First article in Secular Woman's Women's History Month series.
by Tammy Walker
Just imagine: the twenty-first century, a time in which all people across the Terran globe enjoy lives of equality, peace, and freedom. A time in which discrimination based on gender, race, and culture is a thing of a dark and distant past. A time in which secular humanism guides all people to treat each other fairly on the home planet and on colonies on distant worlds. And, if you can, just imagine a time in which the achievements and interests of men and women are held in equal esteem and made available to all.
We haven't achieved this science fiction vision of the twenty-first century yet. We live in a time and place in which we're arguing about whether or not a woman can be a geek and enjoy science fiction and its offshoots. “Booth babes” still adorn tables at conventions in which organizers eschew harassment policies. And covers of science fiction novels often show more of a woman's skin than her character. On the surface, science fiction doesn't appear to have much to offer women. The genre has been largely male-dominated and male-focused. Yet, given its history and potential to help us think about the present and the future, science fiction has benefited—and benefited from—women. Women have contributed to the development of the genre throughout its history, and female authors have engaged in conversations significant to the advancement of the genre as well as of society.
Science fiction provides a medium through which, as many authors and critics note, writers and readers can explore possibilities in future worlds and criticize the present reality. This should be of interest to secular women in particular for a couple reasons. First, science fiction gave women a voice when they might otherwise have been silenced. Their visions of future worlds contributed to conversations about what women's roles could be. Second, science fiction should be of interest to the secular community because it allows us to ask questions like “What happens if we allow religion too much power in society?” or “How would a society without religion approach sexual mores?” and have a possible view of the answers. We may or may not like what we see. Given the vision, though, we have the power to act on what we have seen.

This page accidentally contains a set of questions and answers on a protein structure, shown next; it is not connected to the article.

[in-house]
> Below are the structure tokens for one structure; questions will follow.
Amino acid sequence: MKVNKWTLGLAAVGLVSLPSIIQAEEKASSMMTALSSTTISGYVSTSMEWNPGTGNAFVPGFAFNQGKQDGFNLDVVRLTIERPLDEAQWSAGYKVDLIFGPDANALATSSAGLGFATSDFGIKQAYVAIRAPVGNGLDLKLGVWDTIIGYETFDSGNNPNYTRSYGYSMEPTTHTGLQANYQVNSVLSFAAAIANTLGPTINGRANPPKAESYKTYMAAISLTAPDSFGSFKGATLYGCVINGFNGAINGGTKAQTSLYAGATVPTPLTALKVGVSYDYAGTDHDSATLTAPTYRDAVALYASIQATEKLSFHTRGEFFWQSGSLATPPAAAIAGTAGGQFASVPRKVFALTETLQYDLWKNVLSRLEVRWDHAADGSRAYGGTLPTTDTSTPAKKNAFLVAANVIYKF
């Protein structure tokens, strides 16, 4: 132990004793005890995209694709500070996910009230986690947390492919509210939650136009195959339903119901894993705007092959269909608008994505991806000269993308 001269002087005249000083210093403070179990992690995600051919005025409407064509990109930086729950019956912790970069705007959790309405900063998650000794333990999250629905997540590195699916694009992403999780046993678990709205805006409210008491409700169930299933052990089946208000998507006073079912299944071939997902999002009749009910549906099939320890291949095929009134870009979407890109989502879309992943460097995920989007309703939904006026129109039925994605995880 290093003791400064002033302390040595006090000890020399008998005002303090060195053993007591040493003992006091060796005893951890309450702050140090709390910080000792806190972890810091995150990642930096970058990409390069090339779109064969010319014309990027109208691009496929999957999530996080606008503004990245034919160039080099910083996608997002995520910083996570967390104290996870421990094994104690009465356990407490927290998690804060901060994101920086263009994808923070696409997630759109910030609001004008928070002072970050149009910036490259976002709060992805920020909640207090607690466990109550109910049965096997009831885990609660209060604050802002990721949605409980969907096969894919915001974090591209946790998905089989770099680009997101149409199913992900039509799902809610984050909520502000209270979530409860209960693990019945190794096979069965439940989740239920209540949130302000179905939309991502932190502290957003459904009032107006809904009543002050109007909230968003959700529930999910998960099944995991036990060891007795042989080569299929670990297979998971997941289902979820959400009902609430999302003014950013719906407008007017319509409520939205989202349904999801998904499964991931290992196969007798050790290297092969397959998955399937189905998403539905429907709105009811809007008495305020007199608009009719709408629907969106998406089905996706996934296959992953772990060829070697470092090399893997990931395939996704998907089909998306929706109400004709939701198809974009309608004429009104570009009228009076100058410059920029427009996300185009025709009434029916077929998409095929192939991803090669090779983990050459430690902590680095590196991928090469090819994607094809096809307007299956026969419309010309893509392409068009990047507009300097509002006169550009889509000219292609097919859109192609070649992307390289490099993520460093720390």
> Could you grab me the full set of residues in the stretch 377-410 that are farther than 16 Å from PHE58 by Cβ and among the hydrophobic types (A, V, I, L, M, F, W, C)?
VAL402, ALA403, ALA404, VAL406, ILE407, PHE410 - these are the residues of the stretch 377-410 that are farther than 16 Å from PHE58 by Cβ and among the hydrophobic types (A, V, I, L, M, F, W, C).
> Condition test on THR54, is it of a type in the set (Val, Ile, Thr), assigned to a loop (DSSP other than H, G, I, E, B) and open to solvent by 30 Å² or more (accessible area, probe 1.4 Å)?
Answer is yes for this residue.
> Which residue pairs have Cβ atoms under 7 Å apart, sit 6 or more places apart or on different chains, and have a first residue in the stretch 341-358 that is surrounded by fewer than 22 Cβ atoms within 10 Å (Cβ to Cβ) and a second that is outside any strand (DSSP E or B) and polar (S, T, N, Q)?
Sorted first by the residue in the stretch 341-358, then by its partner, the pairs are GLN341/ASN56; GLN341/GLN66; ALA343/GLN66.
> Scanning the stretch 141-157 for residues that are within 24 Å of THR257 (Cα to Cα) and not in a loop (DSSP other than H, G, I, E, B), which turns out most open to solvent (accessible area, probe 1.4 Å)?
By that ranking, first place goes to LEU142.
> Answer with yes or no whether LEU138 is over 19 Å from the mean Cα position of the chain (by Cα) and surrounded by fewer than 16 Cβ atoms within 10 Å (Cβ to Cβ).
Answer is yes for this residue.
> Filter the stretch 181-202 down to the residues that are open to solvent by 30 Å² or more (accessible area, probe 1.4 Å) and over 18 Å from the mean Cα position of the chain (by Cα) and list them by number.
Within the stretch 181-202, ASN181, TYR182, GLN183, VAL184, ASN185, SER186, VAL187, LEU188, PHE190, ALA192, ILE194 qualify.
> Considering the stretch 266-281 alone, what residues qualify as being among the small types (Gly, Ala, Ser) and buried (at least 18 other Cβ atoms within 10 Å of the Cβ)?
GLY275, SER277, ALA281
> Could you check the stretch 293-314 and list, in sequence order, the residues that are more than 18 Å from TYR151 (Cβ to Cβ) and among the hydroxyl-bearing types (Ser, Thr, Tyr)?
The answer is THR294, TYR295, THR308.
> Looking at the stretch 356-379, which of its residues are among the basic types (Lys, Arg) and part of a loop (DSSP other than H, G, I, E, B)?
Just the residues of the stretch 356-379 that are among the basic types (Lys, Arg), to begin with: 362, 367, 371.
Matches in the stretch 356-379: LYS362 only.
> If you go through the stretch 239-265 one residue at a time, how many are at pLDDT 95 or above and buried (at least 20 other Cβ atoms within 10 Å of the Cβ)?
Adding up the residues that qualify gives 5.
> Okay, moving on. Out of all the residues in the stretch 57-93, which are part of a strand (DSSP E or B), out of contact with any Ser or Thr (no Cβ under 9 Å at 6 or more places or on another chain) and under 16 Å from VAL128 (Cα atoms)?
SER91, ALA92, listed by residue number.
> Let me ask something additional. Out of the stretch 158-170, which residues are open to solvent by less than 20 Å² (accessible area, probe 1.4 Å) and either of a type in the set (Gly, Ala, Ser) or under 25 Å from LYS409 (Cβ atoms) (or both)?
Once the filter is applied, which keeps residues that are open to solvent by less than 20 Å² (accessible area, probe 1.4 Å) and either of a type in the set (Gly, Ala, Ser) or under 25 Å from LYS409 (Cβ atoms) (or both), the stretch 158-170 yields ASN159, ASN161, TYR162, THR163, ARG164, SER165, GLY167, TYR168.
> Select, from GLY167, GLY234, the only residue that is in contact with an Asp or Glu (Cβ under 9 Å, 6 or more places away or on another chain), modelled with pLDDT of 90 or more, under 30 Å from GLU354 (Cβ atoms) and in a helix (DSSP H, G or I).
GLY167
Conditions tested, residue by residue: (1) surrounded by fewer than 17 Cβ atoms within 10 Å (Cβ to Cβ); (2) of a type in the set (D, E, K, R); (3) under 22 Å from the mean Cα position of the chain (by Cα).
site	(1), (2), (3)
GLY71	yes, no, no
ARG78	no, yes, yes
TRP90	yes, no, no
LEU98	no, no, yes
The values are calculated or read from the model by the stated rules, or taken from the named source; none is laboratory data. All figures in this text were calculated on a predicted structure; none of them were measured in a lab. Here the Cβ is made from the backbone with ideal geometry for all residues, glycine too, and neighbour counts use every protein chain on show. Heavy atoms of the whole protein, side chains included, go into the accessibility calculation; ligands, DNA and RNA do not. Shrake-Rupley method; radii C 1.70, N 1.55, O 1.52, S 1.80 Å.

Women as Science Fiction Pioneers
From the beginnings of science fiction, women wrote novels and poems that helped define the genre and its concerns. Some literary scholars contend that science fiction began with Mary Shelley's 1818 publication of Frankenstein. Though others argue that science fiction had its roots in earlier works and intellectual movements, such as the concept of Utopia, both Frankenstein and Shelley's 1826 novel, The Last Man, undoubtedly influenced other authors, male and female. Adam Roberts, in The History of Science Fiction, cites Jane Loudon's 1827 novel, The Mummy! A Tale of the Twenty-Second Century, as another early influential work. Roberts notes that “Loudon's novel dramatises the dialectic between technology and religion that continues to determine the development of the genre.” That tension between technology and religion is key to much of science fiction that followed.
Even before Shelley and Loudon wrote about science and society, women used fiction to explore social structures by creating utopian worlds in which men and women were equal, or more nearly so. An early example is Margaret Cavendish's 1666 The Description of a New World, Called The Blazing-World, in which an Empress, interested in science, controls the planet. Lee Cullen Khanna, in her essay “The Subject of Utopia: Margaret Cavendish and Her Blazing-World” argues that Cavendish, writing about gender and science at a time when women's speech was restricted, created work that “may be seen to initiate an alternate utopian tradition.” This tradition was one that remained important to women who may have otherwise had no means to voice their concerns about a society in which gender-based discrimination prevailed.